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Genetics and Molecular Biology

Print version ISSN 1415-4757On-line version ISSN 1678-4685

Genet. Mol. Biol. vol.32 no.2 São Paulo  2009  Epub Jan 30, 2009 



Allozyme comparison of two populations of Rineloricaria (Siluriformes, Loricariidae) from the Ivaí River, upper Paraná River basin, Brazil



Daniel M. LimeiraI; Erasmo RenestoII; Cláudio H. ZawadzkiIII

ICurso de Pós-graduação em Genética e Melhoramento, Universidade Estadual de Maringá, Maringá,
PR, Brazil
IIDepartamento de Biologia Celular e Genética, Universidade Estadual de Maringá, Maringá, PR, Brazil
IIINúcleo de Pesquisas em Limnologia Ictiologia e Aqüicultura, Departamento de Biologia,
Universidade Estadual de Maringá, Maringá, PR, Brazil

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Two allopatric morphotypes of the genus Rinelocaria were compared through the allozyme electrophoresis technique: one morphotype, R. pentamaculata, from the Keller River in the middle stretch of the Ivaí River basin and the other, R. aff. pentamaculata, from the São João River in the upper portion of the Ivaí River basin. The morphotype from the São João River was collected upstream from the São João waterfall, which is about 80 m deep. Twelve enzymatic systems (AAT, ADH, EST, GCDH, G3PDH, GPI, IDH, LDH, MDH, ME, PGM and SOD) were analyzed, which allowed to score 22 loci. Only loci Aat-2, Est-3 and Mdh-C showed polymorphism. The two samples differed in allele frequencies at the three polymorphic loci. The average expected heterozygosity for all loci was 0.0806 ± 0.0447 in the Keller River sample. For the São João River morphotype, this value was 0.0489 ± 0.0350. Nei' s genetic identity and distance between the two populations were respectively 0.9789 and 0.0213. Wright's FIS, FIT and FSTover all loci were estimated as 0.3121, 0.4021 and 0.1309, respectively. We consider that the two morphotypes represent species in statu nascendi.

Key words: allozymes, fish genetics, genetic distance, polymorphism, Loricariidae, Pisces.



The Neotropical region harbors the most diversified ichthyofauna of the planet, corresponding to approximately 6,000 of the 13,000 species of freshwater fish. Of these, 4,475 have been described and there are probably 1,550 yet to be described (Reis et al., 2003). The family Loricariidae of the order Siluriformes is the sixth largest family in the world (Nelson, 2006) and the second largest in Brazil. It encompasses 372 of the 2,300 species of valid freshwater fish (Buckup et al., 2007).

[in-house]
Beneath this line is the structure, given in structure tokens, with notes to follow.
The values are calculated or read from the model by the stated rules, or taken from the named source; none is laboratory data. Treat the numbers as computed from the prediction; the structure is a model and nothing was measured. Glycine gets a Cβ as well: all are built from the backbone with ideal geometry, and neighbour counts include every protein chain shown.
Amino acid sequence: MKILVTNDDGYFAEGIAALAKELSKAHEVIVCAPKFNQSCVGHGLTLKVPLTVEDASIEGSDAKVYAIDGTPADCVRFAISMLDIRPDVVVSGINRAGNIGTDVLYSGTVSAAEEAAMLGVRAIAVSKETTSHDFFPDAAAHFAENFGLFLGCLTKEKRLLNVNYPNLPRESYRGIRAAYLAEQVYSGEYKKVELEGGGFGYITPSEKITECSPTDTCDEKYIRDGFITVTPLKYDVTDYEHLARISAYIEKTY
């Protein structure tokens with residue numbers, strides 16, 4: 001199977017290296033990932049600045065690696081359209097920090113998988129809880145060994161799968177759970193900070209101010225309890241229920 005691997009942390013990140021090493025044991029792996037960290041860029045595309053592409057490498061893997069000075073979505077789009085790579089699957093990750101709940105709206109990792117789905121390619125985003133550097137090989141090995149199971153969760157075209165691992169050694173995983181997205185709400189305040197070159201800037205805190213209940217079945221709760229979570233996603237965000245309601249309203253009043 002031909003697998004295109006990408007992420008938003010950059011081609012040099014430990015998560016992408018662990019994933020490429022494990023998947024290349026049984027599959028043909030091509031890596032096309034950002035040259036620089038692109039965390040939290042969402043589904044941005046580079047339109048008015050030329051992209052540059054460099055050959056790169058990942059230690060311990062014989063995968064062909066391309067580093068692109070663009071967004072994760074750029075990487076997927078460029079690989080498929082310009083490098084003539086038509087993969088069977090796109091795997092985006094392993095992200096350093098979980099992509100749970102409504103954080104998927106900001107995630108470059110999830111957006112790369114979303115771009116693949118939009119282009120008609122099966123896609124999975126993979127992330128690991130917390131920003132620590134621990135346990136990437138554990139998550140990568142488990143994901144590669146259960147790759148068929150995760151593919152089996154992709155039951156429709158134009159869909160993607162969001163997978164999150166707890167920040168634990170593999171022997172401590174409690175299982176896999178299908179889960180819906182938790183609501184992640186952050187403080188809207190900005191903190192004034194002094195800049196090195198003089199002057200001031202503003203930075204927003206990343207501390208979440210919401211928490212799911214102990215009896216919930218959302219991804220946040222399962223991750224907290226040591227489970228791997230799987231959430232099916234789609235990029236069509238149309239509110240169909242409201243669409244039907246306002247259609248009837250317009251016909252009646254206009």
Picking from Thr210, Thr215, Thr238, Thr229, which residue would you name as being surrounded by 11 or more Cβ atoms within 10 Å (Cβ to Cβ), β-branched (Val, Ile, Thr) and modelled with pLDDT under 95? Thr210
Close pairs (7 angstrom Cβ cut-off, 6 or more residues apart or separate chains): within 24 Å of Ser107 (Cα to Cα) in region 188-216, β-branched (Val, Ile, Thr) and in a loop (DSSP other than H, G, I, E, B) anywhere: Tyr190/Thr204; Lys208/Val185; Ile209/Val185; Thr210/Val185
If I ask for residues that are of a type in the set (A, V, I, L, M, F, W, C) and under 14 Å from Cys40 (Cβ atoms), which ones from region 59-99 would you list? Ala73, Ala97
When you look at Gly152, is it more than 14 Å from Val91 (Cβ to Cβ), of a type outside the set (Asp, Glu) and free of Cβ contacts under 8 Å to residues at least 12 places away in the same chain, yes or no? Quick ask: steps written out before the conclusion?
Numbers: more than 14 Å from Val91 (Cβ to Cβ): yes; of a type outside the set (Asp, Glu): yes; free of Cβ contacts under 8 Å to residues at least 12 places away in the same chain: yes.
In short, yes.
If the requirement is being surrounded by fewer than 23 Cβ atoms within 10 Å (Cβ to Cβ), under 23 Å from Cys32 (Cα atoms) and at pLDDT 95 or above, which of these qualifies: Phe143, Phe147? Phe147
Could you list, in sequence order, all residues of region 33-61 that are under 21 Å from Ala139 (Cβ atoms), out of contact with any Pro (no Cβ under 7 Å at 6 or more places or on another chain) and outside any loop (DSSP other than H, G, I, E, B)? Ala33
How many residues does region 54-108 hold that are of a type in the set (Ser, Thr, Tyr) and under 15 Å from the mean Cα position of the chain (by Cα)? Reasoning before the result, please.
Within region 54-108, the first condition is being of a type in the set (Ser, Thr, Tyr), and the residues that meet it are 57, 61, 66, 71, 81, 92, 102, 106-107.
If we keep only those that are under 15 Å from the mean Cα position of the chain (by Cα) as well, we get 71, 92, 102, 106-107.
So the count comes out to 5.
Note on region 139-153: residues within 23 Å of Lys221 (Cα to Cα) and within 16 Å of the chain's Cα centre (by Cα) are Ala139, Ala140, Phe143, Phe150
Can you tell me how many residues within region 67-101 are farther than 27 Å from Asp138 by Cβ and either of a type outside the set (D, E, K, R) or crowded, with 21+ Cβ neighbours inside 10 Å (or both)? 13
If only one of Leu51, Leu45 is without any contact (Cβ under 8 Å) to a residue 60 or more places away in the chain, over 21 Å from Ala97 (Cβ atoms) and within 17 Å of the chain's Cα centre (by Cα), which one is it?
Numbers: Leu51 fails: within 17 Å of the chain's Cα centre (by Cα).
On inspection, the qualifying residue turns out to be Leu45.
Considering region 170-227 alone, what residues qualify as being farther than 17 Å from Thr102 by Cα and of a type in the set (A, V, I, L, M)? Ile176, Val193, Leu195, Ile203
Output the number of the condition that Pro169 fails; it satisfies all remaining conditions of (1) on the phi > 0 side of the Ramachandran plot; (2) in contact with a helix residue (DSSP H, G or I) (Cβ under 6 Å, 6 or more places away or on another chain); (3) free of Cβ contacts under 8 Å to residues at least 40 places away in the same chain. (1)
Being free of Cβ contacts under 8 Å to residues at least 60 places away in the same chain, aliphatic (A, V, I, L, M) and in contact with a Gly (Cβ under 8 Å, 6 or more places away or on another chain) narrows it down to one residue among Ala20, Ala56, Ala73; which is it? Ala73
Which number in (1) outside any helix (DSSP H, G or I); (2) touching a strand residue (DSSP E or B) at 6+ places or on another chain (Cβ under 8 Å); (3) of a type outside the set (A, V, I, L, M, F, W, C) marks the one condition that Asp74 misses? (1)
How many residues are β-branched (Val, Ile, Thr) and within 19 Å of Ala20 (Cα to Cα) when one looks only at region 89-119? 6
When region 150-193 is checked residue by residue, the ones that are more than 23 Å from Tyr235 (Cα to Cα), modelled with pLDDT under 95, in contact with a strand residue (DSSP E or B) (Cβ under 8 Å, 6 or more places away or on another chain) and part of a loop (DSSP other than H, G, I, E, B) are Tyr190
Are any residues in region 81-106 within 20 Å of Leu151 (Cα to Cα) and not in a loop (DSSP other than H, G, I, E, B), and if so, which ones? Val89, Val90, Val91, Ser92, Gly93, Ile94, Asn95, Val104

The species concept has been a subject of debate for a long time and, according to Mayr (1977), species are groups of interbreeding natural populations that are reproductively isolated from other such groups with the same characteristics. The ambiguity and the difficulty of the species definition frequently lead to mistakes, especially in the case of sibling species. These are identical (or almost identical) species from a morphological point of view, but they are reproductively isolated (Mayr, 1977). When such species are analyzed by morphological characteristics only, the variation detected is not sufficient to consider them different species; however, genetic markers are capable of revealing reproductive isolation between them. On the other hand, geographically isolated populations sometimes acquire a degree of morphological divergence that would be usually found only in different species. Some of these populations, although morphologically very different, can interbreed in nature when geographic barriers disappear. Therefore, genetic markers have been used to supply evidence of reproductive isolation and the consequent decision as to whether morphologically different populations are different species.

Genetic difference is one of the ways to verify whether or not two populations belong to the same species. Nei (1972; 1978) developed statistics to calculate the identity and genetic distance between two populations. Thorpe and Solé-Cava (1994), after extensive revision of the literature, used values of genetic identity of Nei (1972) for the analysis of allopatric populations, including populations of the same species, populations of different species of the same genus, and species of different genera. According to these authors, the index of genetic identity of Nei (1972) varies between 0.85 and 1.00 between two populations of the same species and between 0.35 and 0.85 between two species of the same genus. Therefore, if the genetic identity between two taxonomic units is inferior to 0.85, it is improbable that they are conspecific. If it is inferior to 0.35, they should be considered species of a different genus.

Studies on isozyme electrophoresis have supplied important information about the genetic variability of natural populations, estimation of gene flow, elucidation of interspecific limits and the establishment of evolutionary relationships among different taxa (Solferini and Selivon, 2001). When the morphological criteria do not supply clear evidence for the validity of a genus, estimates of genetic distance can generate objective data (Thorpe, 1982; Nei, 1987).

Rineloricaria pentamaculata was described by Langeani and Araújo (1994), based on nine specimens collected from several locations in the upper Paraná River basin. Collections from the Ivaí River basin showed the presence of two morphologically different populations of R. pentamaculata. The main characteristic of R. pentamaculata is the presence of five dark dorsal stripes over the dorsum. It differs from congeners by having a naked snout tip, without platelets or odontodes, and an upper caudal-fin ray with an extension usually equal in length to the orbital diameter.